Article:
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We have two columns is_unique and is_unique_constraint for unique constraints in sys.indexes and I want to clarify few concepts based on these two columns

  1. Create statement for both types of indexes are same except fill factor property value or do I missing something?
  2. If statement 1 is true then why we have two columns in sys.indexes for unique constraint?
  3. When is_unique=1 is_unique_constraint =0 and then drop statement for index is
    DROP INDEX [index name] ON [dbo].[TableName] WITH ( ONLINE = OFF )

    And when is_unique=1 is_unique_constraint =1 and then drop statement for index is
    ALTER TABLE [dbo].[TableName] DROP CONSTRAINT [IndexName]

    Why is that so?

  4. Where we use unique index and where unique constraint, what is best practice?

2 Answers 2

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Fact is that there is no practical difference between a unique constraint and a unique index.

  1. Querying sys.objects, you will find unique constraint is listed as a constraint object and its related index can be found while querying sys.indexes, where it is marked is_unique = 1 as well as is_unique_constraint = 1. On other hand, for a unique indexes is_unique_constraint value will be zero (0).
  2. While creating unique constraint you can use Fill Factor option as compare to unique index where you have more options like FILLFACTOR, PAD_INDEX, IGNORE_DUP_KEY, DROP_EXISTING, and STATISTICS_NORECOMPUTE.
  3. Unique constraint is maintained through a unique index
  4. Just like Default and Primary Key, a unique constraint can't be disabled using NOCHECK syntax
  5. To delete a unique index with is_unique_constraint = 1, it is must to delete it through DROP CONSTRAINT syntax instead of DROP INDEX because such index is associated with a unique constraint (object), so one must drop CONSTRAINT and index will be dropped automatically.

As best practice, If uniqueness is required then always apply unique constraint, instead of creating only unique index. This way you can't drop a unique index accidentally.Also this way you can document all applied constraints easily.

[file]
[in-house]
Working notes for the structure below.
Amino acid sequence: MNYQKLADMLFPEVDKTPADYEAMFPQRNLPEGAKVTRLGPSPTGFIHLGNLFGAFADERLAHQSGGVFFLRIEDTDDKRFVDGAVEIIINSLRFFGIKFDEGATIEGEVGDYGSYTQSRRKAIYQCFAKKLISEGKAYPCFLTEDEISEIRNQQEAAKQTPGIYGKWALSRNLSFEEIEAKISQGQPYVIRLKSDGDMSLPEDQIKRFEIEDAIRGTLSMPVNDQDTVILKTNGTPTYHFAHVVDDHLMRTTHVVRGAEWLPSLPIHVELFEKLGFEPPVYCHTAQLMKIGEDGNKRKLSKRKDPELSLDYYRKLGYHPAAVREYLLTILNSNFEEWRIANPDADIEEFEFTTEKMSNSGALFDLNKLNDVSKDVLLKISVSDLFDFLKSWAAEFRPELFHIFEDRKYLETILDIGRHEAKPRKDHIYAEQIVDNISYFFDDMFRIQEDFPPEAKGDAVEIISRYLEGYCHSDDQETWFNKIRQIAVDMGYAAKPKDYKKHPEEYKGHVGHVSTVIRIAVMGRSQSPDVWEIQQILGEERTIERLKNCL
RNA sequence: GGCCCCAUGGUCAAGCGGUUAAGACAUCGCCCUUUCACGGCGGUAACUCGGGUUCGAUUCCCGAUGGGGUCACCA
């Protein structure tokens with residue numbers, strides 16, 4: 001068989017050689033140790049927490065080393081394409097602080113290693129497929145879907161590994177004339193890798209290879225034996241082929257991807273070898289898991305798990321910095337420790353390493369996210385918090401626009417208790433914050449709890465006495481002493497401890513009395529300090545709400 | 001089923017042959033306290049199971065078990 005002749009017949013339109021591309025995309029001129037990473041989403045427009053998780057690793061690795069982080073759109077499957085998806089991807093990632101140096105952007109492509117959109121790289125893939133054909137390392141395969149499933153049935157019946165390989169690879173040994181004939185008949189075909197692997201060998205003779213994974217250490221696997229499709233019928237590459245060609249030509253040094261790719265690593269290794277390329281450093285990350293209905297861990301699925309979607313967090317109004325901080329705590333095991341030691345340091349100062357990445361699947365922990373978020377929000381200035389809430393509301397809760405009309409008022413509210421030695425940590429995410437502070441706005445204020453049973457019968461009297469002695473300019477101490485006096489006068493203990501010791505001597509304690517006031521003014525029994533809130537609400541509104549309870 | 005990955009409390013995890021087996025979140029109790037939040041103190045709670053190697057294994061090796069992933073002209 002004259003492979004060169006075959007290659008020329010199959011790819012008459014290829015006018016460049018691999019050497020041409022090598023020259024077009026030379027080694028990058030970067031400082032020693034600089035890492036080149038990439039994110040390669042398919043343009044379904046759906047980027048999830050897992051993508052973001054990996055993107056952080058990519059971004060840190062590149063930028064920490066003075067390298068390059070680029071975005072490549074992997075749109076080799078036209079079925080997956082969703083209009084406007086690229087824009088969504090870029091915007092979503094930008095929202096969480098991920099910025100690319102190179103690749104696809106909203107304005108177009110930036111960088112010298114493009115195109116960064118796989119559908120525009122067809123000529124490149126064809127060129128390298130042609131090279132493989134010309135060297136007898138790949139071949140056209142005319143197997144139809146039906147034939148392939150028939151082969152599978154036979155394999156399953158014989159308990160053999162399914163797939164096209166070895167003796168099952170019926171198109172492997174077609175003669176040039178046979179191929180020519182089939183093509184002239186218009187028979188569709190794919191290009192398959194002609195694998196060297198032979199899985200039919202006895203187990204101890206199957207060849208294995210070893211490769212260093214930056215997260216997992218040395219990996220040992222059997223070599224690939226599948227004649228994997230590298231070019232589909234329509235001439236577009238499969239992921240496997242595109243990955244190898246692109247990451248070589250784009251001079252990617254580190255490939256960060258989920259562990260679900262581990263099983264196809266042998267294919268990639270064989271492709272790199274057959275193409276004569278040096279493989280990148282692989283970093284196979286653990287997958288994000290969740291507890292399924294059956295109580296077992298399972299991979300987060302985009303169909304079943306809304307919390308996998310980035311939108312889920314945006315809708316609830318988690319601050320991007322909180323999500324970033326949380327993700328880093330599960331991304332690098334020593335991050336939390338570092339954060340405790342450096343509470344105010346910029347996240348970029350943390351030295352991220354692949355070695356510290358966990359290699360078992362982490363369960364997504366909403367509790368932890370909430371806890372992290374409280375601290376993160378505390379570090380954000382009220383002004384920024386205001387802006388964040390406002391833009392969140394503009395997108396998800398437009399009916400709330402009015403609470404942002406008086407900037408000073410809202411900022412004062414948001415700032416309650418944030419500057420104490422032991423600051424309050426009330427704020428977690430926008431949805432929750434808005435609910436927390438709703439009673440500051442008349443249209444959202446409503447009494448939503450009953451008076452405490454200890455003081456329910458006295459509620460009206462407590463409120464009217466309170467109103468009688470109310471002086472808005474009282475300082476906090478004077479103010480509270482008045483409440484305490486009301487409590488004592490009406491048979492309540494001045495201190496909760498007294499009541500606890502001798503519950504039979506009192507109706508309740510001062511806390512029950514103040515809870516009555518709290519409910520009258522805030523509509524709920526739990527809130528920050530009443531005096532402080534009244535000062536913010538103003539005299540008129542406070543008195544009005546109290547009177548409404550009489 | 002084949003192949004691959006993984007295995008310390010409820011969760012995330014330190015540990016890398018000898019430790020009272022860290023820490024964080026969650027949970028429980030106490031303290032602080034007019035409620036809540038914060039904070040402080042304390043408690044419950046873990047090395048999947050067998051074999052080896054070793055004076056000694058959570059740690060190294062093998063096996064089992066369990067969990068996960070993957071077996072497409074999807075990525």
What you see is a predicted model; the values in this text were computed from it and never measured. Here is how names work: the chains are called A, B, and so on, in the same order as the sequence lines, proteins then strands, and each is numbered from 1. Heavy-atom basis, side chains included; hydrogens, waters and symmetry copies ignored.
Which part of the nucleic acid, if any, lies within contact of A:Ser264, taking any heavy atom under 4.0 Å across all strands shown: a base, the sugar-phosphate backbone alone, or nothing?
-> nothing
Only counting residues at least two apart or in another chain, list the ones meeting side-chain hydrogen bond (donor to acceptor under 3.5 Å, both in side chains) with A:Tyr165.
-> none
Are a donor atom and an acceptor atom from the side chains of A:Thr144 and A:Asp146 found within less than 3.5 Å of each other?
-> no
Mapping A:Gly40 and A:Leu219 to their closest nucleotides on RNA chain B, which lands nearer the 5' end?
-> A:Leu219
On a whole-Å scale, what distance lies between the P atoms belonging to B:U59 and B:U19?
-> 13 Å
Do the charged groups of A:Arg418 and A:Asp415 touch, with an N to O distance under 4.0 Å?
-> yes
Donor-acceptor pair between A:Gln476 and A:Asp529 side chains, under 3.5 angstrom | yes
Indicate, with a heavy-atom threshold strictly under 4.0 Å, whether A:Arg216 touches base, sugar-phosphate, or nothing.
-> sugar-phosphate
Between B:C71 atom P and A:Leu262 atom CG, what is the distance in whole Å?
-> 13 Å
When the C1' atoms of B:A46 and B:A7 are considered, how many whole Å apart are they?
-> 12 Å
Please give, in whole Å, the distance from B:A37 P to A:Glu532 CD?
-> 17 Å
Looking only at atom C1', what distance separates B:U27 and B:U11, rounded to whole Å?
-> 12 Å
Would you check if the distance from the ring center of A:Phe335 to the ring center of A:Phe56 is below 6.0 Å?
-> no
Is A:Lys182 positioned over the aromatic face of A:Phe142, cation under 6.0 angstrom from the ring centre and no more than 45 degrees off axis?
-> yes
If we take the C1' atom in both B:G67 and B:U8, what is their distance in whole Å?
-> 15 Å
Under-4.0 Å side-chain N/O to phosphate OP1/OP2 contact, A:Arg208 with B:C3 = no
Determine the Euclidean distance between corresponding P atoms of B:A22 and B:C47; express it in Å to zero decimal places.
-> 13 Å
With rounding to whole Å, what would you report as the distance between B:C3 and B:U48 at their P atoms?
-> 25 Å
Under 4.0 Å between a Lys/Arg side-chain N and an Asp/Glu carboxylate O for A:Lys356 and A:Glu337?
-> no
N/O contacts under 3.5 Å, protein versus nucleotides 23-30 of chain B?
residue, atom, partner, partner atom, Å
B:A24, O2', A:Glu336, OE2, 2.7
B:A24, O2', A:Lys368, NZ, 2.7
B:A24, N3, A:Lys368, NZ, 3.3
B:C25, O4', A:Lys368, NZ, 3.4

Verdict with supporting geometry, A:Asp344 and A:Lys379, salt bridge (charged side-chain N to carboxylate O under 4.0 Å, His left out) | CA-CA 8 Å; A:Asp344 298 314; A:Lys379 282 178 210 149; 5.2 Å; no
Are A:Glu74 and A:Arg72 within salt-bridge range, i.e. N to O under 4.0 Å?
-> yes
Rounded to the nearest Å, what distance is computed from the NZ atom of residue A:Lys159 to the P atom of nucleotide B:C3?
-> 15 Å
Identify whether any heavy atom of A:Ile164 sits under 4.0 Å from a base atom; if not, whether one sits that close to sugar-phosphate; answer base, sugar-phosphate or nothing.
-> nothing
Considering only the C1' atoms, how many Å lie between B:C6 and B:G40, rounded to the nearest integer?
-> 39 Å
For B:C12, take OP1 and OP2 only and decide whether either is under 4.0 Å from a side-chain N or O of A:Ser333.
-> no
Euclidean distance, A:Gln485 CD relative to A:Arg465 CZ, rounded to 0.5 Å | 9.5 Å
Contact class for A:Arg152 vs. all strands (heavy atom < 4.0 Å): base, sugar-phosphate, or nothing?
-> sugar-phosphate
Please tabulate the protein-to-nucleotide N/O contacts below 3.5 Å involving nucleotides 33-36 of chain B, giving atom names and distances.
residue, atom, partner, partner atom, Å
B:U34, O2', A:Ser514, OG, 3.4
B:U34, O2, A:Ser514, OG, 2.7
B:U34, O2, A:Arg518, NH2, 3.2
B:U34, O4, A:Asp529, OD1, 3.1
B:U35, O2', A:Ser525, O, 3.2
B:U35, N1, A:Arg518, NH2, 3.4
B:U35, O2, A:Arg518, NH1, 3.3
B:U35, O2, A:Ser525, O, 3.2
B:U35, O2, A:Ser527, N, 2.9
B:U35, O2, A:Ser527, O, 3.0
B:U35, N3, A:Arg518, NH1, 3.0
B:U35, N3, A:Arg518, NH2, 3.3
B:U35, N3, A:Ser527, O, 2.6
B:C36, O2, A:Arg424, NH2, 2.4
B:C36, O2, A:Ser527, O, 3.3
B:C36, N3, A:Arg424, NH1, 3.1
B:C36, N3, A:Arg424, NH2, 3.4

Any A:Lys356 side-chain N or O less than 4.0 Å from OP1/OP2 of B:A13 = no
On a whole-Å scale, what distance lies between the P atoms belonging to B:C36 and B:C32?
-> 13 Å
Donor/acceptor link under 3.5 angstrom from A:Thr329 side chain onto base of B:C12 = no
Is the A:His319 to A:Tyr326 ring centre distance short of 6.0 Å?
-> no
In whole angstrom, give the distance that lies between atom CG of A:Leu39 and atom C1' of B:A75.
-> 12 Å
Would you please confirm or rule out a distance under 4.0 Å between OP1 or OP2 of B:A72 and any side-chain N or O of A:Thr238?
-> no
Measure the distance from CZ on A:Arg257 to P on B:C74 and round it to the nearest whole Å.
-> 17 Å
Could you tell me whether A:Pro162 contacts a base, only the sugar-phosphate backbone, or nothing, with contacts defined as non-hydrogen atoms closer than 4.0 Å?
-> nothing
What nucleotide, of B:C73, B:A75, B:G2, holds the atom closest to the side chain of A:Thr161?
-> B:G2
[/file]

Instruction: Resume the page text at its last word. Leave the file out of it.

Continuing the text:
http://technet.microsoft.com/en-us/library/aa224827(v=sql.80).aspx

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  • @@aasim so unique constraint is better than just creating unique index?
    – AA.SC
    Commented Nov 6, 2014 at 9:32
  • Personally I prefer unique constraint when uniqueness is required. Commented Nov 6, 2014 at 10:20
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In addition to aasims' answer, the only major difference here being a Unique Index is not a database object. Whereas a unique Constraint is an object.

However other than that there are no other major differences:

  • They both achieve the same performance
  • They both achieve the same end goal.

EDIT:

Why would you use Unique Index vs Constraint, what's the best practice?

There isn't a one size fits all best practice here. For one main reason (at least). A Unique Constraint only allows for one null value in the column. However, you can create a Unique Index without including the null values:

Create unique Index MyUniqueIndex on Contacts (ContactId) where Email is not null

This would create the index but ONLY where the values on the Email column aren't null.

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  • Actually my curiosity is, if both have same goals, same performance then why we create unique index? So we should always be recommended to use unique constraint, are we?
    – AA.SC
    Commented Nov 6, 2014 at 11:26
  • Edited my answer
    – KidCode
    Commented Nov 6, 2014 at 12:33

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